Forgot your password?
typodupeerror
Science

Quantum Gas Goes Below Absolute Zero 264

Posted by samzenpus
from the stop-moving dept.
First time accepted submitter mromanuk writes in with a story about scientists at Ludwig Maximilian University of Munich who have created an atomic gas that goes below absolute zero. "It may sound less likely than hell freezing over, but physicists have created an atomic gas with a sub-absolute-zero temperature for the first time. Their technique opens the door to generating negative-Kelvin materials and new quantum devices, and it could even help to solve a cosmological mystery."
This discussion has been archived. No new comments can be posted.

Quantum Gas Goes Below Absolute Zero

Comments Filter:
  • better explanation (Score:5, Informative)

    by ssam (2723487) on Friday January 04, 2013 @06:28AM (#42473469)

    wikipedia has quite a good explanation of negative temperature.
    http://en.wikipedia.org/wiki/Negative_temperature [wikipedia.org]

  • by Anonymous Coward on Friday January 04, 2013 @07:10AM (#42473615)
    Sure, don't bother trying to learn why this is; just blame it on someone else and think yourself the better man for being ignorant.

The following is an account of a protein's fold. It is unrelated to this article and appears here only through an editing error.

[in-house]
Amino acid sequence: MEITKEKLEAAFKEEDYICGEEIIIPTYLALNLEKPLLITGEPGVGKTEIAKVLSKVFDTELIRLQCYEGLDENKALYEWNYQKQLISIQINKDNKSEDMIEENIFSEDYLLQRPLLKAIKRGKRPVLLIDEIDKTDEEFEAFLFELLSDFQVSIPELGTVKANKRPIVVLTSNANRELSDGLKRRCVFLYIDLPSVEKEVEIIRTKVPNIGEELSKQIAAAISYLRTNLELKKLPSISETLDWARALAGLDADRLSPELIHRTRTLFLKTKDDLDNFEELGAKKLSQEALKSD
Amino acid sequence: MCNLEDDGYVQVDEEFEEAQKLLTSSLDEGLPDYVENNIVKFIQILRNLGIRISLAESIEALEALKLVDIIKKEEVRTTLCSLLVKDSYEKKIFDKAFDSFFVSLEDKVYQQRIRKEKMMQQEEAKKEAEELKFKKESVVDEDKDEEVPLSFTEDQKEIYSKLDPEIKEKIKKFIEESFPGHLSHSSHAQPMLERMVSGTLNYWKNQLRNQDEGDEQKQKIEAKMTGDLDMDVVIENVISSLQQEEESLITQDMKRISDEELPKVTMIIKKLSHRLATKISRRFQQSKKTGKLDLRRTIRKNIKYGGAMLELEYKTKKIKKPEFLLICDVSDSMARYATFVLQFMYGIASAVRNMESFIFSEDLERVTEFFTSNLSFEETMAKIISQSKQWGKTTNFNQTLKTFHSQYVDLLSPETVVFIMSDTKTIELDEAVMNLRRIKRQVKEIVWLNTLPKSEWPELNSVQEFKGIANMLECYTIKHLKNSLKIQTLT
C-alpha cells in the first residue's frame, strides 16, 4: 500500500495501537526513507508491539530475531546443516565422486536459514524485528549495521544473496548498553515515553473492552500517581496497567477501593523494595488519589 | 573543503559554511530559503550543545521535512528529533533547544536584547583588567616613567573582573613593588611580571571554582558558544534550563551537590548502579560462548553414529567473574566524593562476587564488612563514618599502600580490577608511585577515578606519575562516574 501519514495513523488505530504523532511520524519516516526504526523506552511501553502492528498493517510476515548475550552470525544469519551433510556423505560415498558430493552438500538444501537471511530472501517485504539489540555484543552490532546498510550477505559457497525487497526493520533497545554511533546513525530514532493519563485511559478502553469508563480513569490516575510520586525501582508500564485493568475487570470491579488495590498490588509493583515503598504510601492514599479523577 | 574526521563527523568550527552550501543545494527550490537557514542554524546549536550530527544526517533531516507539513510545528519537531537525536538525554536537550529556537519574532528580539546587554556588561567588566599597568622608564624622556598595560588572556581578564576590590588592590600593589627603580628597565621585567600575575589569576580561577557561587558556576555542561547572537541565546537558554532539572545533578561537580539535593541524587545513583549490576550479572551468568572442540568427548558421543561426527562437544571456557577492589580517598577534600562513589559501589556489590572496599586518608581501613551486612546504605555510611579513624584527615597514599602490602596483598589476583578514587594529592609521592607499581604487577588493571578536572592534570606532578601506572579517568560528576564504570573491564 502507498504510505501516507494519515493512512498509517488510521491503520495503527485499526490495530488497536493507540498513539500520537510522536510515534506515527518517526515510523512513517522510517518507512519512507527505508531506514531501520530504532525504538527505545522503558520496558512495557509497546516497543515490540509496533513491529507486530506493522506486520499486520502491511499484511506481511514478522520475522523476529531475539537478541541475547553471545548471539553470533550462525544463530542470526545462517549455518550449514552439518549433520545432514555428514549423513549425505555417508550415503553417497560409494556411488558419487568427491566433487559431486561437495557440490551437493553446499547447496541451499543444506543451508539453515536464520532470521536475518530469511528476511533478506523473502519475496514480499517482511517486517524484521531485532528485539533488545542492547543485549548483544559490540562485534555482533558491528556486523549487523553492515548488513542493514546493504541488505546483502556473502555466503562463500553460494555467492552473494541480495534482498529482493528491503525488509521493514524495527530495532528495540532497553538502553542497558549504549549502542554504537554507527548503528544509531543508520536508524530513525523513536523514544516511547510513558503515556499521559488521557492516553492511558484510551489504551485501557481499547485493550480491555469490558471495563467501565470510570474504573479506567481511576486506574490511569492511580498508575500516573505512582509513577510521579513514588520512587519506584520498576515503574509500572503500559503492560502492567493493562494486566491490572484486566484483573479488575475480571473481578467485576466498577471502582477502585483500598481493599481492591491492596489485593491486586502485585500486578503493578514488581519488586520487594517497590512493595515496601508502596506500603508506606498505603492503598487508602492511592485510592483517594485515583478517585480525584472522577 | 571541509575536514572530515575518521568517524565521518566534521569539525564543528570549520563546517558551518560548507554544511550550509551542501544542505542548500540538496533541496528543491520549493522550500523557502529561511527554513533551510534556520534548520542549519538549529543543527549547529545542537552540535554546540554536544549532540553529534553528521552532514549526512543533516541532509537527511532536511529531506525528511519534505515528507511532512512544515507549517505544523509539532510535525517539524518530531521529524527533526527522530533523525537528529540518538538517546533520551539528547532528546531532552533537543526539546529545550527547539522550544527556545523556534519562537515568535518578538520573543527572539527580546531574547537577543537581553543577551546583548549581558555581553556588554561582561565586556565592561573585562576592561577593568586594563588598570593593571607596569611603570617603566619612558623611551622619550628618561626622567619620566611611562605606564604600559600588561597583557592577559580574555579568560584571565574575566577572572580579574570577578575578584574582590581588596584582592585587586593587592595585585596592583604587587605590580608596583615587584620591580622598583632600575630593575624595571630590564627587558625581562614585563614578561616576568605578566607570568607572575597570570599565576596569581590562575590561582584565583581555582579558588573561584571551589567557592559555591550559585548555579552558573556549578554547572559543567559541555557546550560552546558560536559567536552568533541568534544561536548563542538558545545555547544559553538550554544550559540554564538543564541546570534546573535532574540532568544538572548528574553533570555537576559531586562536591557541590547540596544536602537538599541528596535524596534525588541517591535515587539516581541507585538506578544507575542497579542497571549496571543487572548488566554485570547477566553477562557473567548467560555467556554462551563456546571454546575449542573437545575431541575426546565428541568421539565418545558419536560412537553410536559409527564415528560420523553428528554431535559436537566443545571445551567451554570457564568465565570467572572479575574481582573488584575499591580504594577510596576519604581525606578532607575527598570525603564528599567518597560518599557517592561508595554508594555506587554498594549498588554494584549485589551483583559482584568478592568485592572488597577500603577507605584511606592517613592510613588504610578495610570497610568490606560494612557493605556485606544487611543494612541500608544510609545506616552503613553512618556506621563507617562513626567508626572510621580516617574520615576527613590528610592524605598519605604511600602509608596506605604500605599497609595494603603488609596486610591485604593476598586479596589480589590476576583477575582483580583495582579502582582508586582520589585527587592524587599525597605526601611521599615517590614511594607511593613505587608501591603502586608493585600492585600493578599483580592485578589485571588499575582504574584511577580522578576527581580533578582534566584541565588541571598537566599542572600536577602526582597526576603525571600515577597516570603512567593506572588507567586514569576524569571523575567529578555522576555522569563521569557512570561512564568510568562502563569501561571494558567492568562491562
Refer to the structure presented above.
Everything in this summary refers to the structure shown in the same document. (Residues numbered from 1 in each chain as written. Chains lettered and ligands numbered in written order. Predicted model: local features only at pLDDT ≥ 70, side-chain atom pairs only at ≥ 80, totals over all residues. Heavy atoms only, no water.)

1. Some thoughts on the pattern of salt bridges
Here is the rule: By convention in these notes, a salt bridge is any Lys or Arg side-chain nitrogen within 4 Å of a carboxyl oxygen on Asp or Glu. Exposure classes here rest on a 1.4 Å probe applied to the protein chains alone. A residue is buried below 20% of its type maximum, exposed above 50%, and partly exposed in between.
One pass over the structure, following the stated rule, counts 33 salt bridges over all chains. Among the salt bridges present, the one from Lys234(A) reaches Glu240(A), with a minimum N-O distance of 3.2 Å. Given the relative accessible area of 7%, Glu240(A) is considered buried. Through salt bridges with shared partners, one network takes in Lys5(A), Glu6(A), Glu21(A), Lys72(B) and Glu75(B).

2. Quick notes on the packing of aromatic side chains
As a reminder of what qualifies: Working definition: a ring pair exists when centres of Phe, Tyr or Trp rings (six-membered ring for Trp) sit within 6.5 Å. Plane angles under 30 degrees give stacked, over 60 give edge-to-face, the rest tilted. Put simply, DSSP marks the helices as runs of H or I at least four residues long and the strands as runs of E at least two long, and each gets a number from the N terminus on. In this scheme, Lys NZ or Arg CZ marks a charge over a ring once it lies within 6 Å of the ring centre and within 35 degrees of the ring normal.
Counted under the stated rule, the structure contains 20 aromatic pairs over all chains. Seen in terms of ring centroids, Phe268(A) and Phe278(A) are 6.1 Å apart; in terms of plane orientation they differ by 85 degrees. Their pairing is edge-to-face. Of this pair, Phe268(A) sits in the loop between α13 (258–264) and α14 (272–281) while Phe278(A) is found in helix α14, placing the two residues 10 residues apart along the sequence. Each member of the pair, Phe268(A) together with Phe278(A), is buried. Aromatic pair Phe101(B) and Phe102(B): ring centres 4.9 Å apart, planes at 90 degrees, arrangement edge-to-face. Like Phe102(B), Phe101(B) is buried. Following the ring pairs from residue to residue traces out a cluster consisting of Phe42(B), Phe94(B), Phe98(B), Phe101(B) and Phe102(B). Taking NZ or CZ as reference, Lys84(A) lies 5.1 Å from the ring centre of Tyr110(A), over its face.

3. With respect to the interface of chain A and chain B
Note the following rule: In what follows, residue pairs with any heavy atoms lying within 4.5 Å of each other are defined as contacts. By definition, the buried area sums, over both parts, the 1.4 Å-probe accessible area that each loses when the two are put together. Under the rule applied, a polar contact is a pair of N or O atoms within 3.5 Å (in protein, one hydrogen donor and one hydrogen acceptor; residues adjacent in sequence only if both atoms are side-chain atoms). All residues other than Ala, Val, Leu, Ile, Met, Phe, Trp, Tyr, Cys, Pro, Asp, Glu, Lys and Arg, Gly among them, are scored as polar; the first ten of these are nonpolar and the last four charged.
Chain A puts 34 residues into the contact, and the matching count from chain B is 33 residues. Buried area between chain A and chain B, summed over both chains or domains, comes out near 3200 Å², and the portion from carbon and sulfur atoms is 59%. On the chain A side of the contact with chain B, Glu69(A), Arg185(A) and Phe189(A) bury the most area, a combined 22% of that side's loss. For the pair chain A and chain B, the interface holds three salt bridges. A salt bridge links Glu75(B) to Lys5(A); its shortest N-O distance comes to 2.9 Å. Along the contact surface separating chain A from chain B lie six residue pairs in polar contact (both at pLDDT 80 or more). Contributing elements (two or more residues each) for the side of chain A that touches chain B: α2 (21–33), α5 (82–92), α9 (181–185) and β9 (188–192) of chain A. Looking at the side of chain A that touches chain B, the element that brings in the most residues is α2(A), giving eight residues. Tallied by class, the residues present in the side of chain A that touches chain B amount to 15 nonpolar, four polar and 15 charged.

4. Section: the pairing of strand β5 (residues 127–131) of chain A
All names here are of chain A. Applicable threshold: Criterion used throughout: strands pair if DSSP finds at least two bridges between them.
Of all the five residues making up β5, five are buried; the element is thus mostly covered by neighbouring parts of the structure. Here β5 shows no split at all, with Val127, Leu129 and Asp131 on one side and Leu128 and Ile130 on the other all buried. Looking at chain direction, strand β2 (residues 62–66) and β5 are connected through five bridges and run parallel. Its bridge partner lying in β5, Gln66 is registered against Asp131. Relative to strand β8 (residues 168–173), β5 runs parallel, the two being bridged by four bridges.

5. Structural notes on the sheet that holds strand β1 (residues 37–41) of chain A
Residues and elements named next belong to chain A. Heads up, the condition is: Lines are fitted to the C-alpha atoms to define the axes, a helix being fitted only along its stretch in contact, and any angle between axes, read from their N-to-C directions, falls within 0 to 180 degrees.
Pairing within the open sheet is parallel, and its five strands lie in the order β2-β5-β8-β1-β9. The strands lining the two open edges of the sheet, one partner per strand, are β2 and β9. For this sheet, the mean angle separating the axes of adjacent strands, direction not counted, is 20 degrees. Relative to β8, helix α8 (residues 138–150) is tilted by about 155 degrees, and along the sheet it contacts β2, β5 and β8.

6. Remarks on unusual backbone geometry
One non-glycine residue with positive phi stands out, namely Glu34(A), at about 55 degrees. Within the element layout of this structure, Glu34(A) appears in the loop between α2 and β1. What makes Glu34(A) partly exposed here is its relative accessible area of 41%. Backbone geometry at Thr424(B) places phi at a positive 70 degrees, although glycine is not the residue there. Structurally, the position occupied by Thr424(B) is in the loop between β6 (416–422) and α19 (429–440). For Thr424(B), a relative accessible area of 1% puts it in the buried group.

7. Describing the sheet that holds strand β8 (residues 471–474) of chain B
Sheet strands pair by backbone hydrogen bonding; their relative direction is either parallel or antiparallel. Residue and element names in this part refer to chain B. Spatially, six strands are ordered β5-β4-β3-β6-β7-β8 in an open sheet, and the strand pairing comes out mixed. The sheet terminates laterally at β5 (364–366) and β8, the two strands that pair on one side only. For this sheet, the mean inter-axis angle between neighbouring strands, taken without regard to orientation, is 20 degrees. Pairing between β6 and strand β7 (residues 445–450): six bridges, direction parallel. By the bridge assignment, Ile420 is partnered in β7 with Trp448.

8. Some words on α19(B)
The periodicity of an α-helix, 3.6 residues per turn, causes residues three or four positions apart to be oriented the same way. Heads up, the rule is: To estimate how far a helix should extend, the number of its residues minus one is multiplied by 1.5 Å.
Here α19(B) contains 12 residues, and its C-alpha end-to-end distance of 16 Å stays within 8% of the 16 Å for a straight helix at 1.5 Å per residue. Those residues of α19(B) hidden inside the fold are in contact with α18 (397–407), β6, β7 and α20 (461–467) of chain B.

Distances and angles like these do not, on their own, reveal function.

• by Anonymous Coward on Friday January 04, 2013 @07:20AM (#42473637)

    Temperature isn't defined in physics as anything to do with heat, but the derivative of energy with respect to entropy. Absolute zero is the temperature at which there is no energy left in the system. At normal temperatures, it is positive. At absolute zero, it's zero. If you can create a system with dU/dS as negative, it's technically negative temperature, even though the system still has energy.
    It's hard to explain due to how things like temperature and energy are defined, not because physicists are being smug. There isn't a proper name for it because it doesn't happen very much. That's why it's news.

  • by locofungus (179280) on Friday January 04, 2013 @07:35AM (#42473687)

    It's a quirk of the way the temperature scale was defined.

    One possible definition of temperature:

    Put lots of little magnets in a magnetic field. They will line up with the field. At absolute zero there will be no (technically minimal[1]) deviation from them all being perfectly aligned. As you warm them up they will start to be less and less well aligned until at what we call infinite temperature, there is no alignment with the field at all and the alignment is completely random.